I have been reading the Hare documentation and the example in the
section "Casting & type assertions" confused me. As I understand it, a
union variable is just a memory cell the size of the biggest union type.
So, if we have a union of `int` and `uint`, it should be one common cell
for both of them. However, in the given example, a memory cell right
after the union variable is referenced.
Here is my attempt to make sense of what is going on in the example:
```
use fmt;
export fn main() void = {
// x is a union
let x: (int | uint) = 42i;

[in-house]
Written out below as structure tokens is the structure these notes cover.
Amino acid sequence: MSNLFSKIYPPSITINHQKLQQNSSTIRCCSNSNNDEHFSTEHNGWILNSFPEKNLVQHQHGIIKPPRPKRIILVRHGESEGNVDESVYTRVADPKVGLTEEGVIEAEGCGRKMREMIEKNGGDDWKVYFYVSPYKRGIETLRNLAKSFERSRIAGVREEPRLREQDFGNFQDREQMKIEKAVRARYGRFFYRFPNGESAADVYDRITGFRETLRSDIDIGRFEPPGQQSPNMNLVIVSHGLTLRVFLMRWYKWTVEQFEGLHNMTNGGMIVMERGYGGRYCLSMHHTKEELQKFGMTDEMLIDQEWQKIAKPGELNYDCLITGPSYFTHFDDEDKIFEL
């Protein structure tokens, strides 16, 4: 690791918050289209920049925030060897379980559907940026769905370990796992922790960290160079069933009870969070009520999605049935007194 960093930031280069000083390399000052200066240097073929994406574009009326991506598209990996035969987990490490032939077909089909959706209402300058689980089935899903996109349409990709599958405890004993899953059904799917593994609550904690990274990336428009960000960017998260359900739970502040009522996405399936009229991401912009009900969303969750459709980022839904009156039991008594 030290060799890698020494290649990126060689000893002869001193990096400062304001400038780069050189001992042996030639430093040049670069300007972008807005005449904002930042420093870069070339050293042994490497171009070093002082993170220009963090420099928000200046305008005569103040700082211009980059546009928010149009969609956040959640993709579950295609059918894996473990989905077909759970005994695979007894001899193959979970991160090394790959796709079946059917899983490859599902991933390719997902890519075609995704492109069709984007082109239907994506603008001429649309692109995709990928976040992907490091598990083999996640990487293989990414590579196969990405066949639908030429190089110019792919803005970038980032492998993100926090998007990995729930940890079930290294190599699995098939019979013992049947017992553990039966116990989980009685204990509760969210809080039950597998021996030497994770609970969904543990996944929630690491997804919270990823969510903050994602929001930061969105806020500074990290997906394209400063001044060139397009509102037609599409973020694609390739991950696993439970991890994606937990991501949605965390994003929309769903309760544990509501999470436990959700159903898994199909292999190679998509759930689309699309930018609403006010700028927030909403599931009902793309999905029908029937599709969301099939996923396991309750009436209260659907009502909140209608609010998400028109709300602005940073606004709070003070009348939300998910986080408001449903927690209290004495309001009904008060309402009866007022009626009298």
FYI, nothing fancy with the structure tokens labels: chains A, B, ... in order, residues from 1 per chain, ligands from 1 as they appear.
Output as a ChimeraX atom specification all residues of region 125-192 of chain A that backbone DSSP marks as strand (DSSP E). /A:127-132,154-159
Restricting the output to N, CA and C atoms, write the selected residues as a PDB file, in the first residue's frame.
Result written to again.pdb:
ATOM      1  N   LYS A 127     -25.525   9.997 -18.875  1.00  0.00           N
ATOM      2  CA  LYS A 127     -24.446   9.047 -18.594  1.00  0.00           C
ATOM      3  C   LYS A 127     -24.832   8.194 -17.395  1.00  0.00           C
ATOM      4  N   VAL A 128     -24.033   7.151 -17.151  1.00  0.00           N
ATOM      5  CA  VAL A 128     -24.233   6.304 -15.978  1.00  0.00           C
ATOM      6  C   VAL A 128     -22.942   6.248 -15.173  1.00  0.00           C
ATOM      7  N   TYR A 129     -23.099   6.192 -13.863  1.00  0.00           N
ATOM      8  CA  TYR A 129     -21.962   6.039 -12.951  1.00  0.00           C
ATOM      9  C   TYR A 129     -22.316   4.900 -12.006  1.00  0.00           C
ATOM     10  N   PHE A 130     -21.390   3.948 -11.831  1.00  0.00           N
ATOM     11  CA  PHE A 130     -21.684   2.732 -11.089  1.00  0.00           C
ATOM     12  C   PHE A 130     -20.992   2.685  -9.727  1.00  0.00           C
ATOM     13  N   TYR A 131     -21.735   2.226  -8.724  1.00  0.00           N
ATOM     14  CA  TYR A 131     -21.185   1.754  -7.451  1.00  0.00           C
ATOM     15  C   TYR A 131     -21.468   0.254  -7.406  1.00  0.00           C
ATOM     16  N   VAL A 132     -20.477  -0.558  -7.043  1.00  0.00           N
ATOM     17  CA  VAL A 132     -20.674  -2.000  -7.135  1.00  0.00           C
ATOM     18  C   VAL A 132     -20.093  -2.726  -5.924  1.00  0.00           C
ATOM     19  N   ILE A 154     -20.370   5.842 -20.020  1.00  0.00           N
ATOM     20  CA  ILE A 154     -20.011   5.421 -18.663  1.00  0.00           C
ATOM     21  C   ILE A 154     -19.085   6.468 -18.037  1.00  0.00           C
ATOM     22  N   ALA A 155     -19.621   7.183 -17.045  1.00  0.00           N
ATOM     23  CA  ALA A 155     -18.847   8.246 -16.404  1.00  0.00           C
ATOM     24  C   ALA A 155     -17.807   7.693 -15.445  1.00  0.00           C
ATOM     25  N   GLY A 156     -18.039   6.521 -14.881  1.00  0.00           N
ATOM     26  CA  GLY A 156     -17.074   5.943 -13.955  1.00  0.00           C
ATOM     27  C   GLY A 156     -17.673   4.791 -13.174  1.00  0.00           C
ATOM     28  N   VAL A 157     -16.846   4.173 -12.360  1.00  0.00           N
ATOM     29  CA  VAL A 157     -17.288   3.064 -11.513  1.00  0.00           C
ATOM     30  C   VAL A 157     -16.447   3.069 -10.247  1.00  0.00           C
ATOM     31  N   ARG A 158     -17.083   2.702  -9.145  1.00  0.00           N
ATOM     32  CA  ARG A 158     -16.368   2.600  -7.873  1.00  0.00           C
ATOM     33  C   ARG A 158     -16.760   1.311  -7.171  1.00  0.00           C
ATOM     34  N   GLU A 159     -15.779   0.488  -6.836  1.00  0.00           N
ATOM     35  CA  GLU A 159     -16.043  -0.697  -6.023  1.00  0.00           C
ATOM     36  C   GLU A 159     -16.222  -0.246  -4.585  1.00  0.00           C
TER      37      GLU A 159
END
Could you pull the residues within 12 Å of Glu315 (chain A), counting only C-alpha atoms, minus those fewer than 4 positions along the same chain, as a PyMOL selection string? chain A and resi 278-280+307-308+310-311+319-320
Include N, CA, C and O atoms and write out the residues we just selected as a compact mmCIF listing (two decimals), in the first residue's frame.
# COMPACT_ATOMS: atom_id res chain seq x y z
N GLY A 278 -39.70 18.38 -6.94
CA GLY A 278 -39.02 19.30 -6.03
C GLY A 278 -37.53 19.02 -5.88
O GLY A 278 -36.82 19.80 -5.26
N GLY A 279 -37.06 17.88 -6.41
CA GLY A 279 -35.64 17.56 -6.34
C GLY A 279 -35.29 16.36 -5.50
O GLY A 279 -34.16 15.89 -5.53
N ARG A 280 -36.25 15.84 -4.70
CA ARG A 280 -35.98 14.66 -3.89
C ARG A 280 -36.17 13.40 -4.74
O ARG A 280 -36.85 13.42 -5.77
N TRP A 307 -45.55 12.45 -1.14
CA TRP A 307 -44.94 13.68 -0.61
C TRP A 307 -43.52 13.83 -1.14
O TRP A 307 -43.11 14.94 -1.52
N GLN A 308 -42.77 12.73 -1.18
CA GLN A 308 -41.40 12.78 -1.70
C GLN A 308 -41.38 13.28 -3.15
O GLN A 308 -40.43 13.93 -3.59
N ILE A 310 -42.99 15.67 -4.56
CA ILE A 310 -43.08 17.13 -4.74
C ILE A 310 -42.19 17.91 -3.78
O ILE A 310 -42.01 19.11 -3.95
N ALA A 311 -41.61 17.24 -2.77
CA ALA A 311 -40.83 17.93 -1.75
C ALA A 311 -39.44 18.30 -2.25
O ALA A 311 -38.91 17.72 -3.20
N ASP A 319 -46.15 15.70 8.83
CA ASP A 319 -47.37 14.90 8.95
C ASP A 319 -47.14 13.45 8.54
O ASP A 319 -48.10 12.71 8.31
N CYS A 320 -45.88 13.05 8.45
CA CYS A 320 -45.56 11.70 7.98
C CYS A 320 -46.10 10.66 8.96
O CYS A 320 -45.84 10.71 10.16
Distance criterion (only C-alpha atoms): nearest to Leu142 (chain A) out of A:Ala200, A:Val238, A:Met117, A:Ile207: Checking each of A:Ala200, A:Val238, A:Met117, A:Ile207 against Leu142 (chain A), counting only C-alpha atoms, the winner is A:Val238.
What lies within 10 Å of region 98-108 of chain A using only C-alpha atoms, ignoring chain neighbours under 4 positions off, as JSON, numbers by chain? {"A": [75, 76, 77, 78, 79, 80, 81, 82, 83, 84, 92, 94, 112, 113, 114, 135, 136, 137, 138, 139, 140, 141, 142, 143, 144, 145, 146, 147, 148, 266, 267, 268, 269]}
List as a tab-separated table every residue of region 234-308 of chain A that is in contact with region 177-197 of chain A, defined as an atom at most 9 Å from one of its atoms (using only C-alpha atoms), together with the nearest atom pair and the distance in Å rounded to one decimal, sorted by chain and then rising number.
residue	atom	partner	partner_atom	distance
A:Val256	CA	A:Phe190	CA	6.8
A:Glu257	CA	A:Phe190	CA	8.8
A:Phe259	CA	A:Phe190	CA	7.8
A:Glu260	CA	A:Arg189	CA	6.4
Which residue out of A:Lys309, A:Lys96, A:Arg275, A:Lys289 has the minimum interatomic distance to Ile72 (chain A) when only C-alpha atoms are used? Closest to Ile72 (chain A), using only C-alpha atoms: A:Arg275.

// sizes of int and uint are equal,
// so they should be sharing a memory cell
assert(size(int) == size(uint));
// currently x is set to int, value in the memory is 42
assert(x is int);
assert(x == 42);
// y is a pointer to x
let y: nullable *(int | uint) = &x;
assert((y is *int));
// the memory cell with x and the memory cell after it
fmt::printfln("| {:x} | {:x} |", y, y: uintptr + size(int): uintptr)!;
// z is a valid (non nullable) pointer to the next cell after x
let z = (y: uintptr + size(int): uintptr): *int;
// yet z is still 42
fmt::println(*z)!;
};
```
So, the question is: why can we reference the next cell after `x` as
valid and why does it have the value of `x` in it?